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Not Doping?
Last Post 08/10/2014 12:35 PM by Andy Eunson. 20 Replies.
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jmdirt

Posts:708

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07/21/2014 01:23 PM
Starting in the '90s every GT winner had some dirt about doping surface. To use the biggest fish, every year LA had someone from inside the circle make accusations (that ended up being legit). Unless I've missed something, no one within the cycling circle has every made any such accusations about Nibali,

Unfortunately, I think that the 3dubs will always be filled with people accusing good performances of being doped (maybe rightly so). The double sided sward there is that if you win, you are doped, but if you don't win, you are washed up, overpaid, overrated...damned either way.

EDIT: Honestly, I haven't heard any accusations about Evens, Froome, Wiggins, or Quintana.

What happened to the guy who used math to determine power to weight and therefore doping? I haven't seen his calculations yet this year.
Cosmic Kid

Posts:1137

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07/21/2014 02:42 PM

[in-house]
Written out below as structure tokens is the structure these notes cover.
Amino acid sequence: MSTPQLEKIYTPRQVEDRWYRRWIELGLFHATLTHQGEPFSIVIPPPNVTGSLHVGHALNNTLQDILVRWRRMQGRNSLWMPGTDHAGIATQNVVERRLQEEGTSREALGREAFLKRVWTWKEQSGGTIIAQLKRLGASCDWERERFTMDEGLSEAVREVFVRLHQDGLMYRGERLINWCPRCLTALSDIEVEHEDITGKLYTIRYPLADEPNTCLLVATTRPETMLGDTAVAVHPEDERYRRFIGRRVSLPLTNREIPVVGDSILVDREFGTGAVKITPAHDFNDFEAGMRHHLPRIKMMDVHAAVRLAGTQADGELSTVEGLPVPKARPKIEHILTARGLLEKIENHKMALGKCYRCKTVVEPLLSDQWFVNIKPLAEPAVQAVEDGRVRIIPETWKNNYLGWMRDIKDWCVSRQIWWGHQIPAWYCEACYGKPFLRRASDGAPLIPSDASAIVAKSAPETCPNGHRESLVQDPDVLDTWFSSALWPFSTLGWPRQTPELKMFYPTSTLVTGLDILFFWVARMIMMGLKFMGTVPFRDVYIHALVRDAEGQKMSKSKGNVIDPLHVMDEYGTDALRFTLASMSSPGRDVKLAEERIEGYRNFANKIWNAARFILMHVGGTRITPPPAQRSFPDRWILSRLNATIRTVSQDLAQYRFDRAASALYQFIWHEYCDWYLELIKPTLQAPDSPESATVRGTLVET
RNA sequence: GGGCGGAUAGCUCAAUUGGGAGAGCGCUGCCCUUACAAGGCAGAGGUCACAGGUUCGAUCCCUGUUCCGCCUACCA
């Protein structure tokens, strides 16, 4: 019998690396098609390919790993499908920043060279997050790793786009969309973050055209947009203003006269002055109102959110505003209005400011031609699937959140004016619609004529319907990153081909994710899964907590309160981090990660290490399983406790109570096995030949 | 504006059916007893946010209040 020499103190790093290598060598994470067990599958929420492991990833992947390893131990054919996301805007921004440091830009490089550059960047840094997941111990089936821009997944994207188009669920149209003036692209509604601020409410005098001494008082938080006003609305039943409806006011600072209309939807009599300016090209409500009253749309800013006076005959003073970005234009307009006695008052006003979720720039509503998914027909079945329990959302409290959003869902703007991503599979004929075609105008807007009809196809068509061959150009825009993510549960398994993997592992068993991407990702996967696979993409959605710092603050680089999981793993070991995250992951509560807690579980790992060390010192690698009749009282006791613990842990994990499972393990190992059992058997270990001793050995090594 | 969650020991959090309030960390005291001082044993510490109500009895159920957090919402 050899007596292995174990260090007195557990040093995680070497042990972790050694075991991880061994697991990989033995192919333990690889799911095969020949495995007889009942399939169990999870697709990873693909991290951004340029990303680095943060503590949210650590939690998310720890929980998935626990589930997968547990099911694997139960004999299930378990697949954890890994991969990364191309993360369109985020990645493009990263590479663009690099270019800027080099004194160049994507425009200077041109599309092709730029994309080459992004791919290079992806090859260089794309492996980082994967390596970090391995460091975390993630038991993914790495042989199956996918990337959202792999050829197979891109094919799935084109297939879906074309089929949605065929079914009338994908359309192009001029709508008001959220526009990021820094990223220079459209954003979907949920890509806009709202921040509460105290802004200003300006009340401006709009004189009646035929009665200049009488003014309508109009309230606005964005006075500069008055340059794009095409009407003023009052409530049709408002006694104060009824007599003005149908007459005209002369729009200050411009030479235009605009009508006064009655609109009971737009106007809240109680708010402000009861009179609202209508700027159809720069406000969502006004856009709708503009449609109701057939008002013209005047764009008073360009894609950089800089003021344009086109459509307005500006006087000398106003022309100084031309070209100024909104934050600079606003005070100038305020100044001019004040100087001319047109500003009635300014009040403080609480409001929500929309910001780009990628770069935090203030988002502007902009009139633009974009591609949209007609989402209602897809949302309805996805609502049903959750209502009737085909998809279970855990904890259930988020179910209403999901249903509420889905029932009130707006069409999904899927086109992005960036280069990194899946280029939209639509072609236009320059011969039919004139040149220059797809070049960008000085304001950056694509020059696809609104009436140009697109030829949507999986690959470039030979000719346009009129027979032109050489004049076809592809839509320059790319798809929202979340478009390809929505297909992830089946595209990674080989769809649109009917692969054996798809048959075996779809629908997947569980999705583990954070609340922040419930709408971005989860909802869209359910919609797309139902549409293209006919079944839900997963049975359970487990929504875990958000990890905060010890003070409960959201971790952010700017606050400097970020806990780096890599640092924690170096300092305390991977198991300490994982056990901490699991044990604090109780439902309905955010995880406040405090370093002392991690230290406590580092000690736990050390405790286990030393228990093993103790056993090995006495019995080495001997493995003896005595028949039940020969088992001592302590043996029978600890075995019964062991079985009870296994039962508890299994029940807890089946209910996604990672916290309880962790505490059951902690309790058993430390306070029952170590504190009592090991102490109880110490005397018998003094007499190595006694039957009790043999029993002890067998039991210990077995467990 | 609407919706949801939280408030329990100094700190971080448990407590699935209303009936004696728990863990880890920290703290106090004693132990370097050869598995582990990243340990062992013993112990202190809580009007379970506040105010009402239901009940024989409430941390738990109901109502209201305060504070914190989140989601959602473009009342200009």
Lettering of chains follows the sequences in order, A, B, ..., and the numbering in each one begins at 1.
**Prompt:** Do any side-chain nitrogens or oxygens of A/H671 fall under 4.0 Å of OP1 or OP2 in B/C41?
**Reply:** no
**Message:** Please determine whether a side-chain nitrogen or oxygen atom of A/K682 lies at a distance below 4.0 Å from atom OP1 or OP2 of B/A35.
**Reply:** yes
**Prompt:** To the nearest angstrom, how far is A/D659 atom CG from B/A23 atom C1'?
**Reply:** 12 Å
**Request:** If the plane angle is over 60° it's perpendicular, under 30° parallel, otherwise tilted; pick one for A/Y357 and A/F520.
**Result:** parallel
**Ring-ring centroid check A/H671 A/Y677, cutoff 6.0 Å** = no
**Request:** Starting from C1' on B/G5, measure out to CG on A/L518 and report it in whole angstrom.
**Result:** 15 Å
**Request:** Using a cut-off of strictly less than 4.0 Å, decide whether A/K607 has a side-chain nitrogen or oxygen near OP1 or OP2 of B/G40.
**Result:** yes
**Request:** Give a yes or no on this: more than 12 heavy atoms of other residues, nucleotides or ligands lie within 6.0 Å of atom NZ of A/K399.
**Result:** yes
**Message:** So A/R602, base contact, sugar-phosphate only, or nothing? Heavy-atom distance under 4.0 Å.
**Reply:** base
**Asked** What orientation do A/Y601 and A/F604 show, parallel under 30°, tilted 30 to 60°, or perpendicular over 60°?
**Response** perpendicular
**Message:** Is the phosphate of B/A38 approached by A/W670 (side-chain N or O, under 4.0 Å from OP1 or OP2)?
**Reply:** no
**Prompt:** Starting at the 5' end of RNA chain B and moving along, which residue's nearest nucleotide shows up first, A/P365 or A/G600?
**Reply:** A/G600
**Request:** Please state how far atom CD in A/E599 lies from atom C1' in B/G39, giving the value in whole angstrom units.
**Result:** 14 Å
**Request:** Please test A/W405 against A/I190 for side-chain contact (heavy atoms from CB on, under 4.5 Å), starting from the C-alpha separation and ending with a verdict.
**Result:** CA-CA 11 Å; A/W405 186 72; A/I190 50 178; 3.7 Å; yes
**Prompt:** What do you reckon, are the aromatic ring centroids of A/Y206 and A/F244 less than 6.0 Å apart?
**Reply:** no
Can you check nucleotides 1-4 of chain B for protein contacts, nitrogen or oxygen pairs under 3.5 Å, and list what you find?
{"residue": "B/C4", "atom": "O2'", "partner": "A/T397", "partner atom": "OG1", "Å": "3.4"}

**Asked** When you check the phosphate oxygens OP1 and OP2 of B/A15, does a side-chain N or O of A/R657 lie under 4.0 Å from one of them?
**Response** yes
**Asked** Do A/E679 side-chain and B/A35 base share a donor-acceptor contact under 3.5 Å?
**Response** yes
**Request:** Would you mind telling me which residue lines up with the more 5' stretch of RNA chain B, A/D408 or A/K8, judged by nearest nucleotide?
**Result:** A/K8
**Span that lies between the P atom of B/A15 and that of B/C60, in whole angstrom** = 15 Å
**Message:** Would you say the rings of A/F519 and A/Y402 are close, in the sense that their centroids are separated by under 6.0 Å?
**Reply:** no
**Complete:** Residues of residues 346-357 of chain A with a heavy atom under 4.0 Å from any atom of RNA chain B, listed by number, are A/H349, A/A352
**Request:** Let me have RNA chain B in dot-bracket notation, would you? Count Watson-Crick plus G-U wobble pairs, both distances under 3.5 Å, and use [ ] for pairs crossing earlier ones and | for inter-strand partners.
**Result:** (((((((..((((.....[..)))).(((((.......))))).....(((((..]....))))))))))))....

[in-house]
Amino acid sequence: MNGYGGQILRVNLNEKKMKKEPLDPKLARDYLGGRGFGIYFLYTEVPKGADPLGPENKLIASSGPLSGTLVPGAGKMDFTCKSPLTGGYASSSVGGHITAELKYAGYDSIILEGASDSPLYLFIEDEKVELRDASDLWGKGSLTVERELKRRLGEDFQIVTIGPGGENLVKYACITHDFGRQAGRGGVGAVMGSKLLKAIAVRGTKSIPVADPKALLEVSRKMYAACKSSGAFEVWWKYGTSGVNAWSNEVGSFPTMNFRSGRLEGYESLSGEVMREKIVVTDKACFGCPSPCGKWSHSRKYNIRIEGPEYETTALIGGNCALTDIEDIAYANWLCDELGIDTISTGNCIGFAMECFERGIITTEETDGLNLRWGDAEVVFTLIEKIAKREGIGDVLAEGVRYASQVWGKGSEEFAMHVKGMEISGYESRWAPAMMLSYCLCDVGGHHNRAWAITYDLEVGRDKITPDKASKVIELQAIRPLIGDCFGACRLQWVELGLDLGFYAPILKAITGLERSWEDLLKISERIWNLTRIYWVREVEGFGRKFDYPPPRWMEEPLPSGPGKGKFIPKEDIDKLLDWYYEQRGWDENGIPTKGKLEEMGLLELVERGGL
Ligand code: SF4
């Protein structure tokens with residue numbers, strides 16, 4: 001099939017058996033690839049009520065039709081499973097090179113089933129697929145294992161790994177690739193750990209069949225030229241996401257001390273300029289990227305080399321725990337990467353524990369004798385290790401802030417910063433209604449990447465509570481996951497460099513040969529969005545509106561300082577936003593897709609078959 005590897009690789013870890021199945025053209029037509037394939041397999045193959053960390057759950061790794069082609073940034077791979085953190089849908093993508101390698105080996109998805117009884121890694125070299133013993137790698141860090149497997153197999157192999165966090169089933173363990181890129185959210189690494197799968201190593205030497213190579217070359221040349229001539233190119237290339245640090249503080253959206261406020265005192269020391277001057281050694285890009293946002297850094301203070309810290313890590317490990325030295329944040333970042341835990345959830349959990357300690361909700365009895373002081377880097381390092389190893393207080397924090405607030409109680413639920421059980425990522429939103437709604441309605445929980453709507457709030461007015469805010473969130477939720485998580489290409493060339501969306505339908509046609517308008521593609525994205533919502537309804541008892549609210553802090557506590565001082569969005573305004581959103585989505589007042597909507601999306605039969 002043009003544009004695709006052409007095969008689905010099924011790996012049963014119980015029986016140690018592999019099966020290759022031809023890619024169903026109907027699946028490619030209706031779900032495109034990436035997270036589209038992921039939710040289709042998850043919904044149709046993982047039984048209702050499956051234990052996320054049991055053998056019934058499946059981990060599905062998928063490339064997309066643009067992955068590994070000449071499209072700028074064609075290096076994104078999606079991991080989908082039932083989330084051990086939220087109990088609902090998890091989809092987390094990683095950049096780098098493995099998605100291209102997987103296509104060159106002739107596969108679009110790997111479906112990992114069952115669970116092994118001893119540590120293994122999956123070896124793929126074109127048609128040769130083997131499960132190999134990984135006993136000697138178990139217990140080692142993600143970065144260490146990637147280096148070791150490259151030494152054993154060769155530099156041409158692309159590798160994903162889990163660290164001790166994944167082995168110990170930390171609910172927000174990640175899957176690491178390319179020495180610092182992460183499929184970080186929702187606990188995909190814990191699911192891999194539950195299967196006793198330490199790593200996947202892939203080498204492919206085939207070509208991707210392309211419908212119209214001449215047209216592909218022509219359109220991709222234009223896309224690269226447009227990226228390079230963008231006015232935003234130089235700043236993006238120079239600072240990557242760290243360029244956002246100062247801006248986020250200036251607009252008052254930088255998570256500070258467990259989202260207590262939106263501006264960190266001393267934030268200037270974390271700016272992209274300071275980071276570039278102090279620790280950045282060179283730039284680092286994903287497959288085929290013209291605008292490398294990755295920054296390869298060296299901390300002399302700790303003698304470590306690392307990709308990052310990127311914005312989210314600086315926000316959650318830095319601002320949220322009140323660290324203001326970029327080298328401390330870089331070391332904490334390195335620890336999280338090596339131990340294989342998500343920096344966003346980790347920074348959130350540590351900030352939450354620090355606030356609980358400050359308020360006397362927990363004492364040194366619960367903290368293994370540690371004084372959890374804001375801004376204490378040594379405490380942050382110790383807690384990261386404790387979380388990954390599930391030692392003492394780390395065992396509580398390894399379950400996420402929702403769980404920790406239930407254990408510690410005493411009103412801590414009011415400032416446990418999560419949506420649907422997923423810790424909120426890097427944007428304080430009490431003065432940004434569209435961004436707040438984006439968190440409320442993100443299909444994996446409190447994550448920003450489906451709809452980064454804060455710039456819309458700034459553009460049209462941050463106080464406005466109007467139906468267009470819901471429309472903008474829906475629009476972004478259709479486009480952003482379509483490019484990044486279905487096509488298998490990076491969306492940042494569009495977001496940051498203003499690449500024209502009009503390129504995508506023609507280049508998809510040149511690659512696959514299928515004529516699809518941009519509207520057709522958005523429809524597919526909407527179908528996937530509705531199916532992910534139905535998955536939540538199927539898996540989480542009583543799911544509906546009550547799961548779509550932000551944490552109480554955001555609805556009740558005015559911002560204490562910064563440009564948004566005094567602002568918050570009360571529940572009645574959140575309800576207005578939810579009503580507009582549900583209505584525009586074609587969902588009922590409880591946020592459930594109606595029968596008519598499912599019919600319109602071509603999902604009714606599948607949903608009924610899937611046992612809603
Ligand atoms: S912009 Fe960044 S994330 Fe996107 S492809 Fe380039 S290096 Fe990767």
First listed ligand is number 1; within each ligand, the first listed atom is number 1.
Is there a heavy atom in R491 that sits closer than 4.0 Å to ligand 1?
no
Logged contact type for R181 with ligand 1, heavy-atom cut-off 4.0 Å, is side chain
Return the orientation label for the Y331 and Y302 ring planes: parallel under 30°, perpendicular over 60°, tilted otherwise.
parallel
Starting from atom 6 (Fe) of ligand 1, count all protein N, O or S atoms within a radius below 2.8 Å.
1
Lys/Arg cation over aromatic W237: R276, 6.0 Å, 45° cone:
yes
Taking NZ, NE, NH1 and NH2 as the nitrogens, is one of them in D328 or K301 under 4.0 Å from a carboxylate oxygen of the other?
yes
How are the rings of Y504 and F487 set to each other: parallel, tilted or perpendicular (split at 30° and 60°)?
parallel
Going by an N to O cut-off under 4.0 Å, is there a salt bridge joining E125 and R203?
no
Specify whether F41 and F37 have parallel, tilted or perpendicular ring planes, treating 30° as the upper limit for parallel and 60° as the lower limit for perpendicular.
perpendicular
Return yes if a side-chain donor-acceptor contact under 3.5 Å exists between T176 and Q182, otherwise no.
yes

Well, old & fat used to make some pretty serious allegations about Evans back on the VN forum....referred to him as a walking pharmaceutical cabinet. And O&F turned out to be right WAY more often than wrong.

Questions were definitely raised about Froome / Wiggins & Team SKY, but how much of it was legit and how much sour grapes? Who knows. Seem to recall some questions about Froome's power on a few of the climsb in both 2012 & 2013.

Just say "NO!" to WCP!!!!
Orange Crush

Posts:1211

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07/21/2014 02:56 PM
Nibali has been doing a swell job at both rest days batting away a variety of questions.

http://wsau.com/news/articles/2014/jul/21/context-means-nibali-gets-an-easy-ride-on-doping/
jmdirt

Posts:708

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07/21/2014 03:10 PM